It’s hard to imagine two companies with more different cultures than Mailchimp and Intuit. While the former wants to be seen as an upstart disrupting the status quo, the latter is firmly part of the establishment.
Mailchimp portrays itself as “proudly weird”. In 2019 it was happy to deface photos of its founders in what marketing vice-president Sean Cook described as an “act of cheeky vandalism”. Intuit, by contrast, is very much a corporate conformist, as evidenced by its liberal use of US-standard management-speak (“stronger together”, “integrity without compromise”, “we care and give back”) to describe its “operating values”.
This clash of styles meant that Intuit, maker of the popular accounting package QuickBooks, faced a struggle to bring Mailchimp into the fold after it acquired the email marketing platform in a deal worth about $12bn (£9.4bn) in November 2021.
The person who has been responsible for this task since August 2022 is Rania Succar, a former QuickBooks senior vice-president, who moved over to run the new subsidiary – renamed Intuit Mailchimp – as CEO.
While Succar’s experience had prepared her for handling many of the tricky situations that business leaders have to handle, from leading transformation projects to dealing with PR crises, the integration process presented an entirely new set of challenges.
Bringing Mailchimp and Intuit together
Succar recalls that the acquisition was “a bit of a shock to the system” for the Mailchimp contingent, many of whom hadn’t been expecting a sale. “It felt alien to their system to be acquired by such a big organisation at the beginning,” she recalls.
Team spirit suffered as a result, with several employees fearing that their firm would lose its underdog ethic, having literally sold out. Commenting anonymously on the employee forum, one staff member wrote that the takeover had “devastated trust and morale”.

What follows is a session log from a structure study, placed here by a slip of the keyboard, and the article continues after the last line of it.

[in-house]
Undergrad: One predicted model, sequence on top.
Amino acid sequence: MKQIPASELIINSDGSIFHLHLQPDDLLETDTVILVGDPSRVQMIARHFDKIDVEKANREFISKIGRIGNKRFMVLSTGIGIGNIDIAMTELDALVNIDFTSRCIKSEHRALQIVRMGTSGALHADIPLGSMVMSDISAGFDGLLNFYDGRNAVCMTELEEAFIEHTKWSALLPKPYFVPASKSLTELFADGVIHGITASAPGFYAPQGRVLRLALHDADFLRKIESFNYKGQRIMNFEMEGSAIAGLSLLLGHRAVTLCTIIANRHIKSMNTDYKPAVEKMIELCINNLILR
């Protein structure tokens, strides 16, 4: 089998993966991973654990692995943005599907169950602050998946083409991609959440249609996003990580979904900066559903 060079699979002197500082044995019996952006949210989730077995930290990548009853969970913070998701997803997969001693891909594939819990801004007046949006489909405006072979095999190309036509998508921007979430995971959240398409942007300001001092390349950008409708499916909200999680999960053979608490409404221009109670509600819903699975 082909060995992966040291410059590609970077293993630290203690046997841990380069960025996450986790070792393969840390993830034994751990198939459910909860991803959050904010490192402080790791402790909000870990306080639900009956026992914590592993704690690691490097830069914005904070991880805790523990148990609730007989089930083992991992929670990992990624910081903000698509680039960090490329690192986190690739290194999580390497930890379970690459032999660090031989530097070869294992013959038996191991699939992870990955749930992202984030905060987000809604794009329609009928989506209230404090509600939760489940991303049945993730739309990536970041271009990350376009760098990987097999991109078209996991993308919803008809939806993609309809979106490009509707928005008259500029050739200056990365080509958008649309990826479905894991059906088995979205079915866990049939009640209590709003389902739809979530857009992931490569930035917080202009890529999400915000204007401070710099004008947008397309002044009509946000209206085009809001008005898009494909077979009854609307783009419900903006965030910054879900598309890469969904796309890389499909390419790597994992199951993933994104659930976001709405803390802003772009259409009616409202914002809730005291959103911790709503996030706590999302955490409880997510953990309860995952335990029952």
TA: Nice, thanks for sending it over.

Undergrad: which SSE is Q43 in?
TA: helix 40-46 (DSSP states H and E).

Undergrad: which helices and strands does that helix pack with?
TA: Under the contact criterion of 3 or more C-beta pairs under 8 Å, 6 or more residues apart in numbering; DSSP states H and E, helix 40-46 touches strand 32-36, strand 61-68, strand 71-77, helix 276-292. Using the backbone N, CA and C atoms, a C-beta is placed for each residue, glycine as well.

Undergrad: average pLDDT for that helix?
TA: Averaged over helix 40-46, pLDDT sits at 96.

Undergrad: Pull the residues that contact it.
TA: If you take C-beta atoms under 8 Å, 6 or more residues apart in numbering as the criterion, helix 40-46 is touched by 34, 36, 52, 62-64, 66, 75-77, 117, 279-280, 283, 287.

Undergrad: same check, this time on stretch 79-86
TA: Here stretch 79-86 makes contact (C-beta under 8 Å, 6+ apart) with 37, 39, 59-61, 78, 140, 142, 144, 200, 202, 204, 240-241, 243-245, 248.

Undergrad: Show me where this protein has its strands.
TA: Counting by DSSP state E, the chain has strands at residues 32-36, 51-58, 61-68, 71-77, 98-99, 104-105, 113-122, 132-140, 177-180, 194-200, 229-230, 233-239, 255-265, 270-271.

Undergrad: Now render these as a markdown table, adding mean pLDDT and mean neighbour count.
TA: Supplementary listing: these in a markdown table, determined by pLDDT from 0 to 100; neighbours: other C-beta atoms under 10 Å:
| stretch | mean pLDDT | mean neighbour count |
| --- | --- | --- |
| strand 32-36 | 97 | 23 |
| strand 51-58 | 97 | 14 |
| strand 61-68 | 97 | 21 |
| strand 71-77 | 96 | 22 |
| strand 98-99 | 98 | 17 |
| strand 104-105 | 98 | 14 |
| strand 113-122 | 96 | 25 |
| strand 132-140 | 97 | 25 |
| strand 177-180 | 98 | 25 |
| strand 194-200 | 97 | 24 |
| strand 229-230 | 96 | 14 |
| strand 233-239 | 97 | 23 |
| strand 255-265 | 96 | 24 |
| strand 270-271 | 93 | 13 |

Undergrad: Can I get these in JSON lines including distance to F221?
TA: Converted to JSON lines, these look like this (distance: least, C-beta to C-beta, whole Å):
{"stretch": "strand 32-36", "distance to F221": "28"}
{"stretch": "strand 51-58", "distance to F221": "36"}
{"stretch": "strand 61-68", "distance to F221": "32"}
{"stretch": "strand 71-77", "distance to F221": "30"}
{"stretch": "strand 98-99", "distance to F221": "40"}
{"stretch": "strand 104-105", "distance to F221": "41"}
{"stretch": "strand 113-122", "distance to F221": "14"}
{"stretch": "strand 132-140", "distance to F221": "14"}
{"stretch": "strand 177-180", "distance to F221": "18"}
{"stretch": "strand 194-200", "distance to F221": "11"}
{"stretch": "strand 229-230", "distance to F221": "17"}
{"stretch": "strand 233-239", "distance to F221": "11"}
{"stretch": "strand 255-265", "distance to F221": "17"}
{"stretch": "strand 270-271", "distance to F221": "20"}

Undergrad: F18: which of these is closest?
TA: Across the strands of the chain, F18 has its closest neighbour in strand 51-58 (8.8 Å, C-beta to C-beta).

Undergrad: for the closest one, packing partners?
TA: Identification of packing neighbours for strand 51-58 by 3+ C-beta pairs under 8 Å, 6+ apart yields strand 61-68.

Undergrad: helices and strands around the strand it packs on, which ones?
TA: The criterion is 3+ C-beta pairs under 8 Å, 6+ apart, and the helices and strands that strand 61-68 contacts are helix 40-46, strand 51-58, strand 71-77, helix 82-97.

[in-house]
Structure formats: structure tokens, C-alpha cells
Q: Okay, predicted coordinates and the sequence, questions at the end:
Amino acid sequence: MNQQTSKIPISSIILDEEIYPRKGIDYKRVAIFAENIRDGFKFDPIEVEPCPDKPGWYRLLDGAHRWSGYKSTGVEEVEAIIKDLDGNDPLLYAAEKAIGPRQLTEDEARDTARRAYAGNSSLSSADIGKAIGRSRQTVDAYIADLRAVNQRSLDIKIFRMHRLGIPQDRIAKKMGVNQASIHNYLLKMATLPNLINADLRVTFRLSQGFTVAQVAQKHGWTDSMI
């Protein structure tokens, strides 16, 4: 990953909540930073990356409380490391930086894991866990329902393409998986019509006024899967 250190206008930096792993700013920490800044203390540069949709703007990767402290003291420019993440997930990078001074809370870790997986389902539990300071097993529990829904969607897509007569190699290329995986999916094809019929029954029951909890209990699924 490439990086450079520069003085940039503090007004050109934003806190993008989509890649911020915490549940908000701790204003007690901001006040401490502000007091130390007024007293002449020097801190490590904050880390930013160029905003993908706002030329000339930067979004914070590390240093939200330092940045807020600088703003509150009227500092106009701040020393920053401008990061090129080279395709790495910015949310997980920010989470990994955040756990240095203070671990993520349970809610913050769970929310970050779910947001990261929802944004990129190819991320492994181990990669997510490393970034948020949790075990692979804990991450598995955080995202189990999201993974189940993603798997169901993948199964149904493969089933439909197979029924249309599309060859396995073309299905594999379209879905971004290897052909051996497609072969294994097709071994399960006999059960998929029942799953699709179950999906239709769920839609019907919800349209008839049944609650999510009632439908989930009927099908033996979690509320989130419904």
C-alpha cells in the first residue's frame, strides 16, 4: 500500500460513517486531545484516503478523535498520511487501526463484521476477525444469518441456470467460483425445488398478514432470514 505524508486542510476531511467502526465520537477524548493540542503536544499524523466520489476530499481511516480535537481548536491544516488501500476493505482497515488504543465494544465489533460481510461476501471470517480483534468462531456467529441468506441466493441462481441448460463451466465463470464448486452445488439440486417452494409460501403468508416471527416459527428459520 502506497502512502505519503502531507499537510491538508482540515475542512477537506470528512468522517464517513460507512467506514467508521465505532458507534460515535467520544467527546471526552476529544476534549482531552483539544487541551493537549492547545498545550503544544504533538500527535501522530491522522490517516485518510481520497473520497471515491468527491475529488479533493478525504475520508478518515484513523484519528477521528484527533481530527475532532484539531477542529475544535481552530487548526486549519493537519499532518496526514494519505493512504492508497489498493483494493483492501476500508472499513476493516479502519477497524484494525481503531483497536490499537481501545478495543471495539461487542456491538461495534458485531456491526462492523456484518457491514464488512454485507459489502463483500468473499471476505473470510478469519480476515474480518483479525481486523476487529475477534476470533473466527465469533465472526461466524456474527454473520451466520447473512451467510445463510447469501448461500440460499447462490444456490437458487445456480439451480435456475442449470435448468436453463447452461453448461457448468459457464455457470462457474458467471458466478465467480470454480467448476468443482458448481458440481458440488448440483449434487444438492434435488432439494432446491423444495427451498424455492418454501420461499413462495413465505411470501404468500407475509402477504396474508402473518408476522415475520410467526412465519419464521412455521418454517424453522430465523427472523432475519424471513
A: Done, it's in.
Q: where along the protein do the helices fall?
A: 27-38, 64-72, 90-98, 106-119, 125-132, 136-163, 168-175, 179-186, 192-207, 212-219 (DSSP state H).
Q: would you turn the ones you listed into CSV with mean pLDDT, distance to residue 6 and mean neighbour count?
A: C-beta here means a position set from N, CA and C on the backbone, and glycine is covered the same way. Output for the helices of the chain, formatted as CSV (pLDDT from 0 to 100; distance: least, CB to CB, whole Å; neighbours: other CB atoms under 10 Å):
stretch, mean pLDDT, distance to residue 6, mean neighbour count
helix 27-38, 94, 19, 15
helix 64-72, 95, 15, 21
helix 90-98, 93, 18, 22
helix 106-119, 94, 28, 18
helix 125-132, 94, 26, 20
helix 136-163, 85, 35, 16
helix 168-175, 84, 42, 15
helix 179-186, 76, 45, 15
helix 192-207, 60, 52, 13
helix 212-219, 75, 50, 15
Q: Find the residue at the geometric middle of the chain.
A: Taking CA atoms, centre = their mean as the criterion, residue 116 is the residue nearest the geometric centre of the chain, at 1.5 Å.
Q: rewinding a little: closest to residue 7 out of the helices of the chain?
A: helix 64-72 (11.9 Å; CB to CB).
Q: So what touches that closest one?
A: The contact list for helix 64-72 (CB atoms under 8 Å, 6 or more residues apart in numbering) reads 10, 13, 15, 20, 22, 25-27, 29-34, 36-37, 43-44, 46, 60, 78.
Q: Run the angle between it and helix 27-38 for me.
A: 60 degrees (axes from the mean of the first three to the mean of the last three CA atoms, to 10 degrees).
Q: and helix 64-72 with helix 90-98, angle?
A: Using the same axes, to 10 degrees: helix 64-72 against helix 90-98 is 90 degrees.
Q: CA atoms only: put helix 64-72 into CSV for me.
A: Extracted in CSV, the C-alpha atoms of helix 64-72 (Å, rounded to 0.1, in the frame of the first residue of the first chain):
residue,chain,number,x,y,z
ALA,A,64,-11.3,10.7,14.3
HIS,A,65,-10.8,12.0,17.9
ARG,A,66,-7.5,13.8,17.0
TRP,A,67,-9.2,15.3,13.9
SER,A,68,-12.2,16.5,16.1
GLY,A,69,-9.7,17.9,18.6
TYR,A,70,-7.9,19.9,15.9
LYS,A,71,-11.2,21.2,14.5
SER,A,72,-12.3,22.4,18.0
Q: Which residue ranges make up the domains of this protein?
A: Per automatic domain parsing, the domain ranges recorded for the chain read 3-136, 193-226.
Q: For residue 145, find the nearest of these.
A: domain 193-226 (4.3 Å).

Indeed, staff turnover shot up soon after the takeover, with a string of senior engineers leaving the business. Intuit’s CEO, Sasan Goodarzi, reportedly held a Zoom call to address the concerns of the subsidiary’s employees, most of whom were offered pay rises of 10% in a bid to stop the exodus.
It all made for a delicate situation for Succar to handle in her first CEO role. Explaining her intentions, she says: “I want to preserve what’s unique and special about Mailchimp’s culture while also creating a sense of belonging with Intuit, so that people feel appreciated, valued and part of something bigger.”
Recognising that this is a tricky balance to strike, she adds: “On some levels, the cultures are very different: whereas Intuit is well established, Mailchimp is a relative startup that’s home to an insane amount of creativity.”
But she soon found that the two companies do share some characteristics, particularly a commitment to helping small enterprises and their “strong customer obsession”.
By concentrating on these commonalities, Succar was able to start bringing the two disparate organisations together.
“I focused on moving beyond the issues that the acquisition had created and getting back to a point where teams felt excited by their work,” she explains.
After conducting several listening exercises and adding new members to the leadership team, Succar felt confident enough to set out new priorities for Intuit Mailchimp to “refocus the organisation”.